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Library CEO Jamie Anderson, right, in front of the Lindsay branch with Lyndsay Bowen, library specialist for outreach and community engagement.

Kawartha Lakes Library system eliminates late fines

in Community by
Library CEO Jamie Anderson, right, in front of the Lindsay branch with Lyndsay Bowen, library specialist for outreach and community engagement.

Kawartha Lakes Public Library has taken a historic step in further removing barriers to service for  users by eliminating late fines.

Effective Oct. 1, the Kawartha Lakes Public Library Board has approved the removal of late fines from borrowed materials returned after the due date.

Over the past several years library systems throughout North America have been eliminating late fines. Here in Ontario, Newmarket, Brampton and Barrie libraries, amongst others, have all stopped charging overdue fines.

Throughout Canada and the United States many large systems, such as Calgary, Edmonton, Halifax, San Francisco, Phoenix and Chicago have all followed suit. More and more it is seen that late fines punish those who most need our resources and stand in the way of the core library value of providing equitable library service.

While it might seem like removing late fines would discourage borrowers from returning items, the opposite has been found to be true. In a study of nine libraries that eliminated fines, there was no marked increase in late returns, longer wait times for holds or gaps in their collections. Instead, these libraries saw an increase in the number of borrowed items, fewer lost items and an increase in the number of active library members.

“Our hope,” library CEO Jamie Anderson tells the Advocate, “is that by being able to access the collection without fear of incurring fines we will be removing a lot of stress that some people feel.”

“While for many of us overdue fines are small and not an economic burden, for others that $10 overdue fine is a big deal. In order to avoid that burden, they will just stop coming to the library. Having more people come to use the library only has positive results for the individual and the community,” he adds.

Anderson says their expectation is that “by being a fine-free library, we will see people come back to the library who have stayed away because they owe fines but also we hope more people use the library who have never visited us before.”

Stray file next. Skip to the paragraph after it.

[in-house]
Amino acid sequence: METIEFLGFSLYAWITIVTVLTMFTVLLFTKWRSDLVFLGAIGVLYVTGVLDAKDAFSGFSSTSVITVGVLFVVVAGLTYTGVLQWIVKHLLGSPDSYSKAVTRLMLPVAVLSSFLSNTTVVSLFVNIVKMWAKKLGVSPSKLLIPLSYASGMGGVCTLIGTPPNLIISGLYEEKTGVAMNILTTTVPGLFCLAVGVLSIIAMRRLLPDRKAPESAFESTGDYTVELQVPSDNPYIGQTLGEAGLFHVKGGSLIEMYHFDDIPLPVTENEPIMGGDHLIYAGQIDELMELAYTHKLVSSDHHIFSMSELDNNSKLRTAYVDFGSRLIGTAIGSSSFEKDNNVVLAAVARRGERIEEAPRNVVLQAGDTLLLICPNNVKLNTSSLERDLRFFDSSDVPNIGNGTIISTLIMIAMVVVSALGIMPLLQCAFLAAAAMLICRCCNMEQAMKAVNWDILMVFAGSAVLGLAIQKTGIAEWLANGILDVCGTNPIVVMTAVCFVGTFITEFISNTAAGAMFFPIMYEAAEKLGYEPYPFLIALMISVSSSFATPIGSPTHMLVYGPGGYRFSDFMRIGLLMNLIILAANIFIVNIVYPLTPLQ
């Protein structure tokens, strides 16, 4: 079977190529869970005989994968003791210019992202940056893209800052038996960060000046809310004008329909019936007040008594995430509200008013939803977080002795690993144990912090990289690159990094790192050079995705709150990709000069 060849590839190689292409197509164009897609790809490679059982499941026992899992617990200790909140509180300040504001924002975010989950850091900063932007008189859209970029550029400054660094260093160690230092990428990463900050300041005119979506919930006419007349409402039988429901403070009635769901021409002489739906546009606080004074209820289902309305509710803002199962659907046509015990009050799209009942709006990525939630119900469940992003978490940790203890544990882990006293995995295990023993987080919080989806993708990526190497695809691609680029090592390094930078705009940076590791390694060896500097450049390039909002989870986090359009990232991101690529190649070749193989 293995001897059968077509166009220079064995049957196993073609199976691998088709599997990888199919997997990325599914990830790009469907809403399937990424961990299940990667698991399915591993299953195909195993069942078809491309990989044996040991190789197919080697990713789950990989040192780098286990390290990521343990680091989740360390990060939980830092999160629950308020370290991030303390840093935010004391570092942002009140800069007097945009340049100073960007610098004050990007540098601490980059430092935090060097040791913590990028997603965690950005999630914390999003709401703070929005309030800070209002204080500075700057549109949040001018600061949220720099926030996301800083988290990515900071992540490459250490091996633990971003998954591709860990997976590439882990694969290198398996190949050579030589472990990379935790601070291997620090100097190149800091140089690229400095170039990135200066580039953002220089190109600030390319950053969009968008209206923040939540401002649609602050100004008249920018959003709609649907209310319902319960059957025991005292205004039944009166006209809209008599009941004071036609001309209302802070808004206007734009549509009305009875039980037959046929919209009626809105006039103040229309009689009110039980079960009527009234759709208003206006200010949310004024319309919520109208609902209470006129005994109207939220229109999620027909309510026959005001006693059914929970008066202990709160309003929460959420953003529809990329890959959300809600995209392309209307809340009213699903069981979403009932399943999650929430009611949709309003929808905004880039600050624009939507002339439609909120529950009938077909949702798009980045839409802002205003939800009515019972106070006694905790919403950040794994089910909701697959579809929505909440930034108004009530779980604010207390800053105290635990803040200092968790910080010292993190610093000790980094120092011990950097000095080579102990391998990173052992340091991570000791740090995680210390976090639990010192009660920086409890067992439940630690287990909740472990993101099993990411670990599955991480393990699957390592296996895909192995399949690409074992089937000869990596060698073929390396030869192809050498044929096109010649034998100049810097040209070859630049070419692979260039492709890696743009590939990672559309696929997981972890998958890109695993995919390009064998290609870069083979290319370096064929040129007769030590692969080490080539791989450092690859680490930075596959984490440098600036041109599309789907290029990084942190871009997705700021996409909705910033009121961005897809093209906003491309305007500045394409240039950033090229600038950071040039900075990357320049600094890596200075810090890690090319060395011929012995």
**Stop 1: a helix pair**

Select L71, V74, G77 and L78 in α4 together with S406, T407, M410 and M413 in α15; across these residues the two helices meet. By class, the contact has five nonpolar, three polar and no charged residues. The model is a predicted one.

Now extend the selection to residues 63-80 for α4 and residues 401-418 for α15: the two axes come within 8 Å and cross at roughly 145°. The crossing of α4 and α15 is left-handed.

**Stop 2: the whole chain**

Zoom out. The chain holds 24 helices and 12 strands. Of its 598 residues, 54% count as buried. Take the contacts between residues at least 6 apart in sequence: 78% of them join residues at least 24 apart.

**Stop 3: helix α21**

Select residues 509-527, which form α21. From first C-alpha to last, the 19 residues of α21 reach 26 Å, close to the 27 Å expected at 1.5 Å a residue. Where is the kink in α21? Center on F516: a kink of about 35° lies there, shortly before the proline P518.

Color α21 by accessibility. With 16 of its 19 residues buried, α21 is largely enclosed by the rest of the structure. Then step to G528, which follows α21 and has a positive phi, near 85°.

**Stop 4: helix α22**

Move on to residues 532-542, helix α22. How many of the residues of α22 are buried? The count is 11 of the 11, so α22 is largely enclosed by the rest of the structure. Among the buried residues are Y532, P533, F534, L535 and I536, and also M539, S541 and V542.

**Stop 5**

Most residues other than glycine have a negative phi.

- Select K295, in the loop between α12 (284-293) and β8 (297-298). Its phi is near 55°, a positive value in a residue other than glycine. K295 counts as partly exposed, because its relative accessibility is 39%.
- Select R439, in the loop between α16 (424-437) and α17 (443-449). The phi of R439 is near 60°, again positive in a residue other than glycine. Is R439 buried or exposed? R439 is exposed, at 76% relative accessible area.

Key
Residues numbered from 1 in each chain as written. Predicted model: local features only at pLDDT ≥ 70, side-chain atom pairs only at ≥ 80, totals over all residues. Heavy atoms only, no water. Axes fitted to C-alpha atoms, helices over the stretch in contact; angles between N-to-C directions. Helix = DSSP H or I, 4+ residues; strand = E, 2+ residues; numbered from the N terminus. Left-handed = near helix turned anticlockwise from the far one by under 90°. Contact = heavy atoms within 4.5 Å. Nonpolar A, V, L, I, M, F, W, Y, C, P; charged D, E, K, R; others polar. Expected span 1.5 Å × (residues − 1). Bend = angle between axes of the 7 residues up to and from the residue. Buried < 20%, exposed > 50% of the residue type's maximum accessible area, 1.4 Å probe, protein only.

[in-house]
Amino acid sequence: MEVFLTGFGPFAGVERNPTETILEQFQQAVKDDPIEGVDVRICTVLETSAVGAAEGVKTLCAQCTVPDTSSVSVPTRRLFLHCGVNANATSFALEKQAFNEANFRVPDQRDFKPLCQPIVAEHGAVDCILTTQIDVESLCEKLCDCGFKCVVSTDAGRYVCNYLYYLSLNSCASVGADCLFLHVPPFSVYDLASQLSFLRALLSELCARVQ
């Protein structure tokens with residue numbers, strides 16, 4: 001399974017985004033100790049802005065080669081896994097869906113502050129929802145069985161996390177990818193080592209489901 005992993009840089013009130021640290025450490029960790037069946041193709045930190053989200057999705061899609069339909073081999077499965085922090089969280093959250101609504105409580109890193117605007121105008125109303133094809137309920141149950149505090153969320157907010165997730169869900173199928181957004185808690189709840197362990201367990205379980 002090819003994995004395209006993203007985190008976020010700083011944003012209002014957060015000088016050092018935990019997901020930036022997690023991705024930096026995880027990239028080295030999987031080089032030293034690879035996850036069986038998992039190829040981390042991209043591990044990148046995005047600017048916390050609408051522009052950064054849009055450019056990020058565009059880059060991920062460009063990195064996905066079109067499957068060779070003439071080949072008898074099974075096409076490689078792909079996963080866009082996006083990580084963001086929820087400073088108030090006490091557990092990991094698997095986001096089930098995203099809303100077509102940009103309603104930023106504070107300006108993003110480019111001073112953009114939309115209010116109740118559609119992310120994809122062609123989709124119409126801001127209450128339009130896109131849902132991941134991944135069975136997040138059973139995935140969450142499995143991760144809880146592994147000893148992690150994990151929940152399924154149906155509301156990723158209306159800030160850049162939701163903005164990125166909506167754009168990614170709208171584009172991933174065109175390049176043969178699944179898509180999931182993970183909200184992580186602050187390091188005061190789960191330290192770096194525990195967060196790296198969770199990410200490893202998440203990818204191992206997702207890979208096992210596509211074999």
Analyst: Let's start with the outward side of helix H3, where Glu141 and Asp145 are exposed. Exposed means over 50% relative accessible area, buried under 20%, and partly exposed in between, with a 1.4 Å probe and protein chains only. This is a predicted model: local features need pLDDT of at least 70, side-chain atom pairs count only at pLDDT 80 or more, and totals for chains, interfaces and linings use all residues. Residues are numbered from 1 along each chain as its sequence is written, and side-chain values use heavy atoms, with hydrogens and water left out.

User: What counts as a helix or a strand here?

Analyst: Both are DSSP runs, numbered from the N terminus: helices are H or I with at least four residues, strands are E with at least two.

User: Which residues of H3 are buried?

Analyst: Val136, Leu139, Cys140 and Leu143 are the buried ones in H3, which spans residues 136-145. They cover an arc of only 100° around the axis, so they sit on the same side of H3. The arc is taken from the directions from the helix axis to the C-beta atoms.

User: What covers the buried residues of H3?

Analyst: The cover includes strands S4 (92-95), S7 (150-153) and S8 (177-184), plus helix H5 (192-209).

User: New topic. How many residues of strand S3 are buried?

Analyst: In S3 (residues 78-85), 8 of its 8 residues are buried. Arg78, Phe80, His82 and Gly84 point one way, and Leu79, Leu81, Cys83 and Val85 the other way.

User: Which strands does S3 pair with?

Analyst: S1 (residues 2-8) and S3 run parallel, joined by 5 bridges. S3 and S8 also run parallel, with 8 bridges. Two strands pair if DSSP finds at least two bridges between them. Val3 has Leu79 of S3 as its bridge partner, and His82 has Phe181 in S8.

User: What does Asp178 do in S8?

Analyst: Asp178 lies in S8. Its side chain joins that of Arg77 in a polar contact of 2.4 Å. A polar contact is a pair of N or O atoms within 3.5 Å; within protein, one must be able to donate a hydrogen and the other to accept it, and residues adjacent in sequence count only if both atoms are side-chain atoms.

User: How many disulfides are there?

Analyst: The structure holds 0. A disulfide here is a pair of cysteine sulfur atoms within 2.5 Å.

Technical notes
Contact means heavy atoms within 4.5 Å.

As of Oct. 1 library materials returned after their due date will not be levied overdue fines. All late fines currently on members’ accounts will be waived at the end of September. However, the library will still be charging members for lost or damaged items.

In a report prepared for the library board, staff noted that sometimes parents were worried about getting a library card for their kids because they feared that the family might incur large fines on multiple accounts. Other patrons would simply stop using the library because they couldn’t pay their fines, or were embarrassed to have them.

“Our mission is to create a welcoming and inclusive library system for everyone. Late fines definitely are a deterrent for people trying to access resources within our community. By removing late fines and forgiving current fines we are sending out a strong message that the library is here for everyone, especially as our communities slowly recover from this pandemic,” says library board chair Sue Ferguson.

While individual overdue fines may seem quite low, with the daily fines for books typically 20 cents per day and $1 a day for a DVD, this can quickly add up for a family with a couple of children.

“Just having eight picture books for the kids, a couple of novels and three DVDs come due at the same time would lead to fines of $5 a day. It’s easy to see how this could be a huge barrier to a family that might be struggling to make ends meet,” says Anderson.

In 2019, the library took in $9,000 in overdue fines. This amount accounted for only 0.5% of the library’s entire budget. The amount of revenue generated annually has been decreasing substantially over the last several years. Between 2015 and 2019 revenues from late fines have decreased by more than 45 per cent.

The Kawartha Lakes Public Library Board sees the elimination of overdue fines as a positive step forward for our community. We hope to welcome back many members who have been staying away due to fears over late fines.

Roderick Benns is the publisher of The Lindsay Advocate. He is the author of 'Basic Income: How a Canadian Movement Could Change the World,' and is also on the communications team of the Basic Income Canada Network. An award-winning author and journalist who grew up in Lindsay, Roderick has interviewed former Prime Ministers of Canada, Senators, and Mayors across Canada. He also wrote and published a series of books for youth about Canada's Prime Ministers as teens.

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